A few times recently I have had interesting website redevelopment conversations with clients, which all started with the same statement:
I think I need to refresh the design of my website.
In each conversation, having reviewed the site in question, my suggestion was that it wasn’t a case of needing to change the design of the site, it was something else.
Before I look at what I believe the issue was, let’s look at why people so often feel the need to update their website design layout.
The evolution of design
Inevitably, the design process is led by fashion and as such, is constantly changing. It is the job of web designers to continually come up with new website layouts and styles. Furthermore, in addition to the creative flow in website design, developing technologies open up new design opportunities.
With this regular flow of new design, it is easy to fall into the trap of seeing a new layout (which is intended to give an initial ‘Wow’ factor) and comparing it with your own website which you have probably seen every day for months – if not longer!
Most of us are not graphic designers so the above process is leading us down a path of inadequacy!
Only a graphic designer can create good design & that will cost me
To be fair, if your website is more than 4 or 5 years old, it might be that development in web technology means a new website can bring benefits to your business way beyond a new look. This is particularly true if your site doesn’t display well on mobile phone screens. Take a look at your analytics to see how many of your visitors are using phones and tablets. The results may surprise you.
So, if there isn’t a technical reason why you might need to refresh your website but you still feel in need of a change, where should you focus your attention?
Beyond the Design
Quite simply you need to look beyond the graphic design of your website with the transient ‘wow’ factor and consider instead, how well your site communicates your business message to your visitors.
This communication has 2 elements:
These come together under one word: Usability – Does your website communicate the message you want to communicate and make it easy for visitors to explore (and respond to) the aspects of your proposition that they are interested in?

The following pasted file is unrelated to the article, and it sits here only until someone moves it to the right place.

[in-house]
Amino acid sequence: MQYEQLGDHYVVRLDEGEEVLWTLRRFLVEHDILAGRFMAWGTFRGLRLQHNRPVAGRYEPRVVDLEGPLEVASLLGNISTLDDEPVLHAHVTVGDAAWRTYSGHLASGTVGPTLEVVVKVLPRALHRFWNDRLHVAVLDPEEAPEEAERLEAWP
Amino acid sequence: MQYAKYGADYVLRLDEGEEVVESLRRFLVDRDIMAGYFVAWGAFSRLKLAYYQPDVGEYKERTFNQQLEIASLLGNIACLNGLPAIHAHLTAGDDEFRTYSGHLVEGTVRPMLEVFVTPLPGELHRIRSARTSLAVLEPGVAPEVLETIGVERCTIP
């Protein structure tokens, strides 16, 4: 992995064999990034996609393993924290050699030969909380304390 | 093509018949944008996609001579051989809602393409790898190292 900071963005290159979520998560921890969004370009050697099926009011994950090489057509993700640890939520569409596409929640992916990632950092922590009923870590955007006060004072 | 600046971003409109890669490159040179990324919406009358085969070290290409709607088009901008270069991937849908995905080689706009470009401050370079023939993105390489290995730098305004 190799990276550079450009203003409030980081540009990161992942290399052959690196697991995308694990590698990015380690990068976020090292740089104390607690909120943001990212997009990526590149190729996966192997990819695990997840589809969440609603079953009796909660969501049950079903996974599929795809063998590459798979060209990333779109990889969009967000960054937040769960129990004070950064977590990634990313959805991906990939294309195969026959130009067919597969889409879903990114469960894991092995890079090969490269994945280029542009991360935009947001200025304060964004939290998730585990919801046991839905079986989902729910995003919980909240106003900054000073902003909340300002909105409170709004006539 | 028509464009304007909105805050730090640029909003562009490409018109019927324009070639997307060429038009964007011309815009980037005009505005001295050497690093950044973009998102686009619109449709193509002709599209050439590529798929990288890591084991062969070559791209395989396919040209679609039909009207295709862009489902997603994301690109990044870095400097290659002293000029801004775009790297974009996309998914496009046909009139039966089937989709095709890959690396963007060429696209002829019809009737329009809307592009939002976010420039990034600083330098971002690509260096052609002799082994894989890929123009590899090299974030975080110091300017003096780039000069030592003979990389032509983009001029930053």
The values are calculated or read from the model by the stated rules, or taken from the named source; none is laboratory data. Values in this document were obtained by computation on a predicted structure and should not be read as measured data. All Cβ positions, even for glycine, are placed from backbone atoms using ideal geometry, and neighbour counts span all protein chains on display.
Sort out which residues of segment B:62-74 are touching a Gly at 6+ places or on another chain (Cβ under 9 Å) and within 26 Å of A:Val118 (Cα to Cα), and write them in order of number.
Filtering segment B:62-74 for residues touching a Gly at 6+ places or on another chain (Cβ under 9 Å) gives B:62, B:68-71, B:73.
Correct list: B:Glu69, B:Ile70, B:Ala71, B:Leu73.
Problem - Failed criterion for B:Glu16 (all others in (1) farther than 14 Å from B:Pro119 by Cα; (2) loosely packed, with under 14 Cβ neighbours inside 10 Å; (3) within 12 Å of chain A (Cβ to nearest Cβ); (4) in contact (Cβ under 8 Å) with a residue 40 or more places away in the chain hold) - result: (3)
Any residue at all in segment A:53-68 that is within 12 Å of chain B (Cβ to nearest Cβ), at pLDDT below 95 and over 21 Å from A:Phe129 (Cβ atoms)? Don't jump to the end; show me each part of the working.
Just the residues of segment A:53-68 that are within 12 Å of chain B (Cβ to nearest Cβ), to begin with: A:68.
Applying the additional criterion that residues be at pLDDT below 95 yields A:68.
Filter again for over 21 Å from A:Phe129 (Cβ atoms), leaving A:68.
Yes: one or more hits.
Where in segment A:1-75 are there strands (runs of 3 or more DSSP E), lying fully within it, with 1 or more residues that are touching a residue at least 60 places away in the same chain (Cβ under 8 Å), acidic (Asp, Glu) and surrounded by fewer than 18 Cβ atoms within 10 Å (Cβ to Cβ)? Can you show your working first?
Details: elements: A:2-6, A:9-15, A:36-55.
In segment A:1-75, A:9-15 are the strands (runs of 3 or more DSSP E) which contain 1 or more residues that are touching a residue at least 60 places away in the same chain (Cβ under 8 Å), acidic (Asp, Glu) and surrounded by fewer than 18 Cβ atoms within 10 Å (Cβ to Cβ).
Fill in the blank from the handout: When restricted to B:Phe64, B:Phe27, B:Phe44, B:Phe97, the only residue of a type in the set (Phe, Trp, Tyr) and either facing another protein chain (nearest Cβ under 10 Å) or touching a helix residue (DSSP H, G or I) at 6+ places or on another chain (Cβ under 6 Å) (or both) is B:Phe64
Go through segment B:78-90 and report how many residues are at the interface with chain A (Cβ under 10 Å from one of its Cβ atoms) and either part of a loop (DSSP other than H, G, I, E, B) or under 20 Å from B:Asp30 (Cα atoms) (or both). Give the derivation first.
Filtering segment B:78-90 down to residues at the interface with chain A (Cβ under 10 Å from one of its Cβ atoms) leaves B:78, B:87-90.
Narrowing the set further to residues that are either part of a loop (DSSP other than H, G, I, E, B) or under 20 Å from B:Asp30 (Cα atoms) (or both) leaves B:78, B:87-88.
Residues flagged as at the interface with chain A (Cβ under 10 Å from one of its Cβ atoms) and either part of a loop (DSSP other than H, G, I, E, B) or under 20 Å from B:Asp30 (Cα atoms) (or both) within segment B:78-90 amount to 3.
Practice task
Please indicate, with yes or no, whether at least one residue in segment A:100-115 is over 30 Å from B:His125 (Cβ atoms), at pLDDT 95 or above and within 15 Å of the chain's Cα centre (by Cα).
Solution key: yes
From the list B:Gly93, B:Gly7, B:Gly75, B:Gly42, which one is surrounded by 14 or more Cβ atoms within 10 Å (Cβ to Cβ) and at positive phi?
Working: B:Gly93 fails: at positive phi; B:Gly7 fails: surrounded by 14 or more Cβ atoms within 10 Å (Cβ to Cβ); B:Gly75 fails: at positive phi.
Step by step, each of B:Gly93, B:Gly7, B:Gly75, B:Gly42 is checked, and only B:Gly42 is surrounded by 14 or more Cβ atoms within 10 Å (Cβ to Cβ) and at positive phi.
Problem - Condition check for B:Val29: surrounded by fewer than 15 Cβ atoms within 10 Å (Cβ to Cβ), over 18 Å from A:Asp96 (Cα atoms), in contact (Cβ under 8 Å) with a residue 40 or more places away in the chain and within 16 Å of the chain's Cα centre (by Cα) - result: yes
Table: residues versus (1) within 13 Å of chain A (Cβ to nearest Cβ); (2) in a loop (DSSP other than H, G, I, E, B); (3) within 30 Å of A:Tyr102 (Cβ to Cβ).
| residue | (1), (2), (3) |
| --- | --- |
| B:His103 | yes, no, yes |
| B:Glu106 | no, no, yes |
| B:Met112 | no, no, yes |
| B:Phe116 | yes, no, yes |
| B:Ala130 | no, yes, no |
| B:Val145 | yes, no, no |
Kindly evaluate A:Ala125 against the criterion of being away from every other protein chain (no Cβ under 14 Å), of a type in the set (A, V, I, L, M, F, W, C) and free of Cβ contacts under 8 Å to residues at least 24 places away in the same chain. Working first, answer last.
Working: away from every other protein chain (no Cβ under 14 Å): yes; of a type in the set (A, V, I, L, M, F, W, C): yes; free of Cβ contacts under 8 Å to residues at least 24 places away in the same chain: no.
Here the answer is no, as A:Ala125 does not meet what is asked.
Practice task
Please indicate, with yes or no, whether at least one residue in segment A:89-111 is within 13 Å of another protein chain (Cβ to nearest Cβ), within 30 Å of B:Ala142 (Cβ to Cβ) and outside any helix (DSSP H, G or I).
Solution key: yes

The combination of words and images on your website are the essence of communicating your business message. We often see a new website with a smart and up-to-the-minute overall look that certainly has an initial wow factor but when you actually start to read what the words, you realise that all the focus has been on the design and none on the actual content and message.
Reviewing the words and pictures on your website can be very revealing. Try to forget what you know about your business and put yourself in the shoes of your ideal target website visitor. Is it clear what you deliver? Do they see how they can benefit from your services?
A common mistake people make is to be vague about their offering in the hope that people will get in touch to ask questions. In practice, it is more likely they will move on to a website that looks like it can give them what they are looking for!
If you think your website needs a refresh - look at the content
The purpose of your website homepage is to quickly and easily show someone they are in the right place for what they want and then make it clear and straightforward to access more detail. Asking people to read too much on the home page can make this harder so an image-rich, clear message homepage with good, clear navigation options is the way to go – IMHO.
Don’t just leave your navigation to the main menu. Make sure that images and keywords in the text all link to relevant content. Having multiple links to eth same content is absolutely fine. Different people use websites in different ways so whatever their preferred approach make it easy for them.
With so many websites being based on WordPress and similar platforms these days, it is easy to refine and develop the navigation options on your website without going down the road of a new design.
Website Development – A process not an event
For many businesses developing a website is a project. Whether you do it yourself (or, more often, commission someone to do it for you), a site is built, the fee is paid then that is it, until ‘I think I need to refresh the design of my website’
In fact, website development shouldn’t be a one-off event. Rather, it should be an ongoing process that is fully integrated with your business and, to this end, developing your website is about content evolution and maintaining effective navigation.
Don’t put off developing your website because it will be a potentially costly design project, take an objective look at what your site says. You may find some modest, practical changes can make a big difference.